Ottawa says it opposes the death penalty but is not committing to stop the potential transfer of Canadian citizens from Syria to Iraq, where other foreign nationals are facing capital punishment for supporting the Islamic State.
Global Affairs Canada said it is not aware of any Canadians who have been tried or are detained awaiting trial for terrorism in Iraq. The transfer of foreign nationals to Iraq from Syria has raised questions about how the federal government should handle the prosecution of Canadians who travelled to the Middle East to join the caliphate.
Barbara Harvey, a spokeswoman for Global Affairs Canada, said the department will not comment on hypothetical scenarios.
“Canadians who travel outside the country must follow local laws. If they fail to do so, they may face prosecution by local authorities in that foreign jurisdiction,” Ms. Harvey said in a statement.
“Canada opposes the use of the death penalty in all cases.”
There are 33 Canadians trapped in Kurdish-run camps and prisons in northeastern Syria, according to Amarnath Amarasingam, an assistant professor at Queen’s University who researches extremism.
In a statement, federal Public Safety Minister Ralph Goodale said Canadians who have travelled abroad to join the Islamic State must be held accountable.
“Investigating, arresting, charging and prosecuting any Canadian involved in terrorism or violent extremism is our top priority,” Mr. Goodale said.
Canada has convicted four individuals for terrorism-related offences after their return to Canada since 2016, despite the fact that about 60 have returned. Mr. Goodale has said that it is hard to find evidence from a foreign war zone that will stick in Canadian courts.
Mr. Goodale did not say whether Ottawa would consider other prosecution methods for Canadian foreign fighters, including what Human Rights Watch has described as the "outsourcing” of prosecution to Iraq. Kurdish groups have transferred hundreds of suspected Islamic State members, including foreign nationals, to Iraq from Syria.
In recent months, 11 Frenchmen were sentenced to death in Iraq for their affiliations with the terrorist group. A Belgian man was also sentenced to death by hanging in March for supporting the Islamic State.
Belkis Wille, a senior researcher with Human Rights Watch in Iraq, said most cases of suspected Islamic State members that go to trial are based on confessions allegedly obtained through torture. She said the trials last five minutes, where the judge reads the confession, asks the defendant if they agree and sentences them.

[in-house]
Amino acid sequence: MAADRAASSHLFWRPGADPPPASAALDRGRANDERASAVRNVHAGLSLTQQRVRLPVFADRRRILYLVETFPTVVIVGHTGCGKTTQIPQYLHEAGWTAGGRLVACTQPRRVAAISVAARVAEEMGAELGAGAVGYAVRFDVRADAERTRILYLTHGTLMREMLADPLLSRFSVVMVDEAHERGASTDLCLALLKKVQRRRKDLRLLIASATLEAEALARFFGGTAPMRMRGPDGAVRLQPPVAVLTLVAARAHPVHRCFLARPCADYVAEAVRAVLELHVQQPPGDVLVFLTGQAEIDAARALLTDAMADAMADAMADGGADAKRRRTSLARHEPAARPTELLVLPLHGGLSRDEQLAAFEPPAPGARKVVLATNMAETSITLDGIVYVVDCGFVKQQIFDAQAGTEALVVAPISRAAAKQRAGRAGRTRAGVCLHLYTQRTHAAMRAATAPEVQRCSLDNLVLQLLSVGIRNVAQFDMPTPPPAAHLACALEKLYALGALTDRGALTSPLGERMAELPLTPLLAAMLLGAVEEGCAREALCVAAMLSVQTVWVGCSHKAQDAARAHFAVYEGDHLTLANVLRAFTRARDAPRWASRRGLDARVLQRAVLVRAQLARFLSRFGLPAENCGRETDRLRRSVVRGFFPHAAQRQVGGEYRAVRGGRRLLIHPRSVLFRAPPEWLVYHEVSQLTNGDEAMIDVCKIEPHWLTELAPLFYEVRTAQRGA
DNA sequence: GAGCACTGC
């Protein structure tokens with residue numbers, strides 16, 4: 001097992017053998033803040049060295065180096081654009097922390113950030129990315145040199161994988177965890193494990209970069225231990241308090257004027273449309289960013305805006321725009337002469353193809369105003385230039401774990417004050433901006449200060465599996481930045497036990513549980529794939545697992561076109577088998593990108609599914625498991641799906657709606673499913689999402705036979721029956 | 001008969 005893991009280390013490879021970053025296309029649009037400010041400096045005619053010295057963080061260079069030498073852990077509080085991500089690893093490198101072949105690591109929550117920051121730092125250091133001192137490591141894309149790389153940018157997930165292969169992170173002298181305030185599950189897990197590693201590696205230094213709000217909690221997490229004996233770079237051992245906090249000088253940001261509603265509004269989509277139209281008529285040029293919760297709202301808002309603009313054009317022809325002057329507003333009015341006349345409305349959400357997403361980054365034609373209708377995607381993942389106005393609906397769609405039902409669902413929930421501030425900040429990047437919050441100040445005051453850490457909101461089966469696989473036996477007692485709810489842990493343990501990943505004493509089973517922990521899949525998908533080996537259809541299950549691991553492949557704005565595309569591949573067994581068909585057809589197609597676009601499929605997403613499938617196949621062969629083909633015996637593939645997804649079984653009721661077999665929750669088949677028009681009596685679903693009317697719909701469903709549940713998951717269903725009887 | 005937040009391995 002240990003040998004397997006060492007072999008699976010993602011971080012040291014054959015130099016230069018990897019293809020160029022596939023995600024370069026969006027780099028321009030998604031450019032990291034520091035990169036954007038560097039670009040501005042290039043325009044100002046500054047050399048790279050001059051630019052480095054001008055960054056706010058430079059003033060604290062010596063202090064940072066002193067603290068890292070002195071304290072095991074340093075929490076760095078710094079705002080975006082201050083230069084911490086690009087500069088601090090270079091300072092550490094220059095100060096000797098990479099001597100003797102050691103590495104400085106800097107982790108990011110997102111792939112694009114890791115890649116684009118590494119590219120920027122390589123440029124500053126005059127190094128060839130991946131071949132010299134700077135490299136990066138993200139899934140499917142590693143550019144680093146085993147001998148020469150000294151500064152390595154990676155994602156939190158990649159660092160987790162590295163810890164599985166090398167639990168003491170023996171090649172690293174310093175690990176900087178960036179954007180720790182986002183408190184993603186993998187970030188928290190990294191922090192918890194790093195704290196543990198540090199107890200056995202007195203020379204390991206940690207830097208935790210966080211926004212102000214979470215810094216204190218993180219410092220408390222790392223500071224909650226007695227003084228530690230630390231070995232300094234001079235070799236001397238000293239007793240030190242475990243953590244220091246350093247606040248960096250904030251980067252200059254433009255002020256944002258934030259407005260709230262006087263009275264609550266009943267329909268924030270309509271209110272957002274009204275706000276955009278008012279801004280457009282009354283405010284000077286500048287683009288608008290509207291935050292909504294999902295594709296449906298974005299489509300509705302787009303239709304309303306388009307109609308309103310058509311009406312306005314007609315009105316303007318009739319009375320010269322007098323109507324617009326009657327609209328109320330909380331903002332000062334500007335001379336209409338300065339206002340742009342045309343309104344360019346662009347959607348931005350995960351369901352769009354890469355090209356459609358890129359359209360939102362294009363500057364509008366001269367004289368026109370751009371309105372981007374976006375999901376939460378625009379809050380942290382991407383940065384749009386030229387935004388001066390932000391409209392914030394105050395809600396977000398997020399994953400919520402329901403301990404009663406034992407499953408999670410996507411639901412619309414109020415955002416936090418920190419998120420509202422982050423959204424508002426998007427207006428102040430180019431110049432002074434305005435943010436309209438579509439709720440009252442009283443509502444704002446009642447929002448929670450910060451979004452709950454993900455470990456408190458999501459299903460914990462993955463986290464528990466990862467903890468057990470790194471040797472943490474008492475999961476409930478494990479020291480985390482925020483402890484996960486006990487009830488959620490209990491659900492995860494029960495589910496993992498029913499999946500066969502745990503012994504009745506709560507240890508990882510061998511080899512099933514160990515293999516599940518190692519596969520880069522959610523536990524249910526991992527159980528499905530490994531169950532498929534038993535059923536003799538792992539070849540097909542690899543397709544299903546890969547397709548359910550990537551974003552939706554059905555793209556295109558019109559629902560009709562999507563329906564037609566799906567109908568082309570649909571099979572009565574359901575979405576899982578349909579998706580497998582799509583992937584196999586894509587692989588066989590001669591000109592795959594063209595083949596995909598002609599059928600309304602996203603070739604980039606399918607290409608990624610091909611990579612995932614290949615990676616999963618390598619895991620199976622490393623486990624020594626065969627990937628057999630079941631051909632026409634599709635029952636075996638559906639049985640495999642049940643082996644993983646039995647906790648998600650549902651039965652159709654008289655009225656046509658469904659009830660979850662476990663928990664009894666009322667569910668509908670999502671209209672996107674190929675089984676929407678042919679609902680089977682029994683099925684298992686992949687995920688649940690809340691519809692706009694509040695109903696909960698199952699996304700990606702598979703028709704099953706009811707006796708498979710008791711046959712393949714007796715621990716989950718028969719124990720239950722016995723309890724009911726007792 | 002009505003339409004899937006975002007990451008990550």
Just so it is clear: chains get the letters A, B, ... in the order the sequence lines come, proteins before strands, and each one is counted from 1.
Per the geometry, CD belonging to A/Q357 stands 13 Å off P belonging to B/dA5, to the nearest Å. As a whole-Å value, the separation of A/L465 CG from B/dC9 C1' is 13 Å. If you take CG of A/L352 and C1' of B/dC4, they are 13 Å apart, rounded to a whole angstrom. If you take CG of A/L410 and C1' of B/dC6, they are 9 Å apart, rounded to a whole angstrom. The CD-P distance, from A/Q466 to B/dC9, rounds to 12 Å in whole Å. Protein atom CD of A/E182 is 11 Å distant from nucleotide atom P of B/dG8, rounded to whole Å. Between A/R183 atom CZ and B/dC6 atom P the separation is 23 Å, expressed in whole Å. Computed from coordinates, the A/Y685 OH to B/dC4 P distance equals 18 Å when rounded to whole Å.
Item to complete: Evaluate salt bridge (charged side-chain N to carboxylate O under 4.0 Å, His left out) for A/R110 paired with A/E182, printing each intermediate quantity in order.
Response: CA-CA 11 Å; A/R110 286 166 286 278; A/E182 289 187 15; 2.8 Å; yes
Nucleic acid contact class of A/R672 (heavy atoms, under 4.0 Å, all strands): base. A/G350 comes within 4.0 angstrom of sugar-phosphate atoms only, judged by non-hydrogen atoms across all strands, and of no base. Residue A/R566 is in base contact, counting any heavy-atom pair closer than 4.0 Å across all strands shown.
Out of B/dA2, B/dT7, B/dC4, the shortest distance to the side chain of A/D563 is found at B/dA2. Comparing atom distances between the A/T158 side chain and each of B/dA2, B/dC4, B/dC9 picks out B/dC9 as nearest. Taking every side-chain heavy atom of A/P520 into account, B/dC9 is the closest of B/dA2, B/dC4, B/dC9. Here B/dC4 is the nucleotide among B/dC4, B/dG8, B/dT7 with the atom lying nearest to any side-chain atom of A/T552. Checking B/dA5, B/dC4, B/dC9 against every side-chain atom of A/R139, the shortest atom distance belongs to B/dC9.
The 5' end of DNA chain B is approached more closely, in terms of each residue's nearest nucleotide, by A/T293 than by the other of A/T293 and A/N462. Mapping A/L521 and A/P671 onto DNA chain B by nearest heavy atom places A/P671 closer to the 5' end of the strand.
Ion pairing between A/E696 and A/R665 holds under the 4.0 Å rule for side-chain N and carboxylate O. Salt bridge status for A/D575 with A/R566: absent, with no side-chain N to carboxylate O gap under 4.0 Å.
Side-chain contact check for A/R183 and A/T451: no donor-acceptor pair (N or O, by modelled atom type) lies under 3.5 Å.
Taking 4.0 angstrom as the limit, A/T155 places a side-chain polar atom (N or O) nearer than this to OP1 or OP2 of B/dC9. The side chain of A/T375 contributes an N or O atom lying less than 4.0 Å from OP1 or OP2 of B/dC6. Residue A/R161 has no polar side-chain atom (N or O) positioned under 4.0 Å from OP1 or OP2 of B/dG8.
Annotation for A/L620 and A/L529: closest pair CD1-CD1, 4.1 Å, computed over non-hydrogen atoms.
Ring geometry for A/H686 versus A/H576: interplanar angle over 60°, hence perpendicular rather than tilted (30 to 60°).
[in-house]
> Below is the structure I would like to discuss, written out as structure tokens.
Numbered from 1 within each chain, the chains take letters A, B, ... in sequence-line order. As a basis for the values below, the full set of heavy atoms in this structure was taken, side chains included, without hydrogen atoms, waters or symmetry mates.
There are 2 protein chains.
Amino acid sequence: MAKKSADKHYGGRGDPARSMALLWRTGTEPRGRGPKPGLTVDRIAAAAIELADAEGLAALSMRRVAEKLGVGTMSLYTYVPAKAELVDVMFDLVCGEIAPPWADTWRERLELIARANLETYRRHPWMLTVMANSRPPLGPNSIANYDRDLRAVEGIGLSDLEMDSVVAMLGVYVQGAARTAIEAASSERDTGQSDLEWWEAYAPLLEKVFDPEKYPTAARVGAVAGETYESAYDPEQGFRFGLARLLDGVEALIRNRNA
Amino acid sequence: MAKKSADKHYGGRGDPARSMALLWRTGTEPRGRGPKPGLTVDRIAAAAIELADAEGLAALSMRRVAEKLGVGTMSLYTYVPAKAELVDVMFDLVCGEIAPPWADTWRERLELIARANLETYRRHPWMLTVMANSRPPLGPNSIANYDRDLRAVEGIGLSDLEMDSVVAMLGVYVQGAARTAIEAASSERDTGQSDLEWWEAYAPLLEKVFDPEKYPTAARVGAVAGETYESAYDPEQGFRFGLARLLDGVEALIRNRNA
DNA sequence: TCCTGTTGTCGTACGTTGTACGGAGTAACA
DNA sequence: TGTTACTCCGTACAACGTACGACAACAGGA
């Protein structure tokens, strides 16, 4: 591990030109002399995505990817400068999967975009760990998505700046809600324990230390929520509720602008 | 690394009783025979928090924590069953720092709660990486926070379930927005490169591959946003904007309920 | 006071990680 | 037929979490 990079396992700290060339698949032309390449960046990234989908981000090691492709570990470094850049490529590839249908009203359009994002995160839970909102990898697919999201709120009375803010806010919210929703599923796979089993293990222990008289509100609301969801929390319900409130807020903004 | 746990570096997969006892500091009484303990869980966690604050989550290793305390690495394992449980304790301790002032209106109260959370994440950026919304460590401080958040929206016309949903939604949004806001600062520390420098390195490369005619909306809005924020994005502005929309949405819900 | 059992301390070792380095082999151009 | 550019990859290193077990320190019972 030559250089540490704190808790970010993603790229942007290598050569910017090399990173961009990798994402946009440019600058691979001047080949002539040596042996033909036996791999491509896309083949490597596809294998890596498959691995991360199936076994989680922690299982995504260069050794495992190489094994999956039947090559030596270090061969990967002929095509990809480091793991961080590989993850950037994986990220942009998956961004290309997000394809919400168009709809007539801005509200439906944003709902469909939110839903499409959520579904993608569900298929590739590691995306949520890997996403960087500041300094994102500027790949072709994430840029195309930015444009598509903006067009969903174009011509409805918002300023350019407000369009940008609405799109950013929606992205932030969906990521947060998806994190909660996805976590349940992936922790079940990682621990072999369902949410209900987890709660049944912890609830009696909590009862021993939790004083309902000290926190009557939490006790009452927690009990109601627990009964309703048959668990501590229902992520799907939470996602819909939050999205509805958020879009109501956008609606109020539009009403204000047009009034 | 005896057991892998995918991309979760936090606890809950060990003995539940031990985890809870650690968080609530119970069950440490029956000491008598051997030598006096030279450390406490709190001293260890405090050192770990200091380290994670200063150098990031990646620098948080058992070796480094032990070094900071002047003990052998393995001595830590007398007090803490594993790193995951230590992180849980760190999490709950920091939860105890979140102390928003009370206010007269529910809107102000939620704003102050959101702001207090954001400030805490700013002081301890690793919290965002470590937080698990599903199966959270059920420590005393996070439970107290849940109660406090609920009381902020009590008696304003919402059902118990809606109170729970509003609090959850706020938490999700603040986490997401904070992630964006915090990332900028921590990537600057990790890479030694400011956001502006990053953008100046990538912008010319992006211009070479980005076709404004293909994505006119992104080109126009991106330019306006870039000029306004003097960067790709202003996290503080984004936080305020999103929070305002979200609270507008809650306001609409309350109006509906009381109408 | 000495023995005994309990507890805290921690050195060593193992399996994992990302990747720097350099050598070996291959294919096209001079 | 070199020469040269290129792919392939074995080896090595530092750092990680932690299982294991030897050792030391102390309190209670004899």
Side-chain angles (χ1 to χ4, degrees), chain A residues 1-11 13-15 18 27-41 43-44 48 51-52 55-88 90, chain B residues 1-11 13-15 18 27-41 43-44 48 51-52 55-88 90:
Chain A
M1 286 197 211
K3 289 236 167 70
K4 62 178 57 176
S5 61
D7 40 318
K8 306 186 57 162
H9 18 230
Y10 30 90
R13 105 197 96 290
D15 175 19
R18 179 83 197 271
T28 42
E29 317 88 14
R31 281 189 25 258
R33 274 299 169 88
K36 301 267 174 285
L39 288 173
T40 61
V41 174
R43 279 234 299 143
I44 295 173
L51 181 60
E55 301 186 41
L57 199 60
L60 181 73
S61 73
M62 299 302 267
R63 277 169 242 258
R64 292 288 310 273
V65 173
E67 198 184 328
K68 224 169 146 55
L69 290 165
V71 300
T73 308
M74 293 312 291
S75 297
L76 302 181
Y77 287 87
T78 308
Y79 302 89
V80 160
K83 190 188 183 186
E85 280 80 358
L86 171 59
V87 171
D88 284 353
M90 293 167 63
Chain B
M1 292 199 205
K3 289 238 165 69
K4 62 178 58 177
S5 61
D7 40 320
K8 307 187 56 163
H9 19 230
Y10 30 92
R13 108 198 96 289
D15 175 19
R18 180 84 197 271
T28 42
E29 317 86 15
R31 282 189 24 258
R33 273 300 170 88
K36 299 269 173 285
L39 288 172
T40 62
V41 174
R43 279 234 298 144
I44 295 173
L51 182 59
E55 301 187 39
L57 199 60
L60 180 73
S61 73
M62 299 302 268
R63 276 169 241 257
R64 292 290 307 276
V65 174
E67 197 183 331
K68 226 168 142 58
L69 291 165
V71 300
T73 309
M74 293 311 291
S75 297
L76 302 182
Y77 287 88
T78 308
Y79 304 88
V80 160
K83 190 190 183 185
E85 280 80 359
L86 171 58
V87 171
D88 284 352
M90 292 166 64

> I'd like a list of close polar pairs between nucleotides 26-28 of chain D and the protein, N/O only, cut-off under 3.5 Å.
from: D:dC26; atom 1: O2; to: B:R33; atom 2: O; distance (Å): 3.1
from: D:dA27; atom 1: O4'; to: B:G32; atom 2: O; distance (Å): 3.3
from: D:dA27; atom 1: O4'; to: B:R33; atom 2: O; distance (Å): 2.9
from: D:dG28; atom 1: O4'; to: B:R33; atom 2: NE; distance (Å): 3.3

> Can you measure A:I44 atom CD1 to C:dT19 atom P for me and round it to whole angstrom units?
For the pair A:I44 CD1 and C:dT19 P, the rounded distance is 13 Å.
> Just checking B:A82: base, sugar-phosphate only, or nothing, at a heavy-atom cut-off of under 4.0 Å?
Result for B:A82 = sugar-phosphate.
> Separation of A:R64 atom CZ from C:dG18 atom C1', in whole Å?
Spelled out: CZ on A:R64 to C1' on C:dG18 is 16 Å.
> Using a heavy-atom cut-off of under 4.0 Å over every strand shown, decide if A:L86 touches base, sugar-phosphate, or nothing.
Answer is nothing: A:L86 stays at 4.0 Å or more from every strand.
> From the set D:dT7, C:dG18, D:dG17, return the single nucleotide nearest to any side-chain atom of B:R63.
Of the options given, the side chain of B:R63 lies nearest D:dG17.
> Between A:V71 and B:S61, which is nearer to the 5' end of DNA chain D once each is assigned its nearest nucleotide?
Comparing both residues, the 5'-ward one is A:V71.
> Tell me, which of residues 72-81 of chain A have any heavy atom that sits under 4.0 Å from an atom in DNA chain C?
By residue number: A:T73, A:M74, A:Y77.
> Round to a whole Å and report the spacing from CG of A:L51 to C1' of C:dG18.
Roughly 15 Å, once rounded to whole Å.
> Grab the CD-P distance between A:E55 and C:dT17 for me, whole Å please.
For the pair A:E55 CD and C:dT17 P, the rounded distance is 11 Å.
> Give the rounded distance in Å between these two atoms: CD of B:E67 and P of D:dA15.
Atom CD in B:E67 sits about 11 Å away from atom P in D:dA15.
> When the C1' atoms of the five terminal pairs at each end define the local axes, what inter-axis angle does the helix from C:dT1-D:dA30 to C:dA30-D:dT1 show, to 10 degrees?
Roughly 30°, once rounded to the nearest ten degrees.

Ms. Wille said foreign governments, including Canada, must prevent the transfer of their citizens to Iraq.
“Countries like Canada are much better to conduct proper investigations into someone to determine what exactly that person did and then prosecute them," Ms. Wille said.
Jessica Davis, a former senior intelligence analyst at the Canadian Security Intelligence Service (CSIS) and president of Insight Threat Intelligence, said the government should bring its citizens back to be tried in Canada, but said a successful conviction relies on the RCMP’s ability to collect enough evidence.
Phil Gurski, another former CSIS analyst, said that while Canada should repatriate the young children of Canadians who joined the Islamic State, their parents should face justice in the region.
“If they’re sitting in a jail in Iraq, you don’t have to worry about him, which means you don’t have to redeploy resources to figure out what he’s doing because he’s not your concern right now," Mr. Gurski said.
In the event a Canadian is convicted in Iraq, Mr. Gurski said Ottawa could try to strike an agreement with the Iraqi government to transfer them back to Canada, where they would serve their sentence.
Ms. Davis said that most foreign fighters are probably still radicalized and hold extremist views. “Very few have actually denounced the Islamic State … a lot of them have significant capabilities when it comes to weapons handling,” she said.
Kyle Matthews, executive director of the Montreal Institute for Genocide and Human Rights Studies, said Canada should support an international response, such as a new tribunal to prosecute Islamic State fighters, rather than a “piecemeal approach” where every country deals separately with their citizens.
Mr. Matthews said Sweden proposed creating a new tribunal that could be based in Iraq and similar to courts set up after the genocides in Rwanda and the former Yugoslavia.
With a file from Reuters.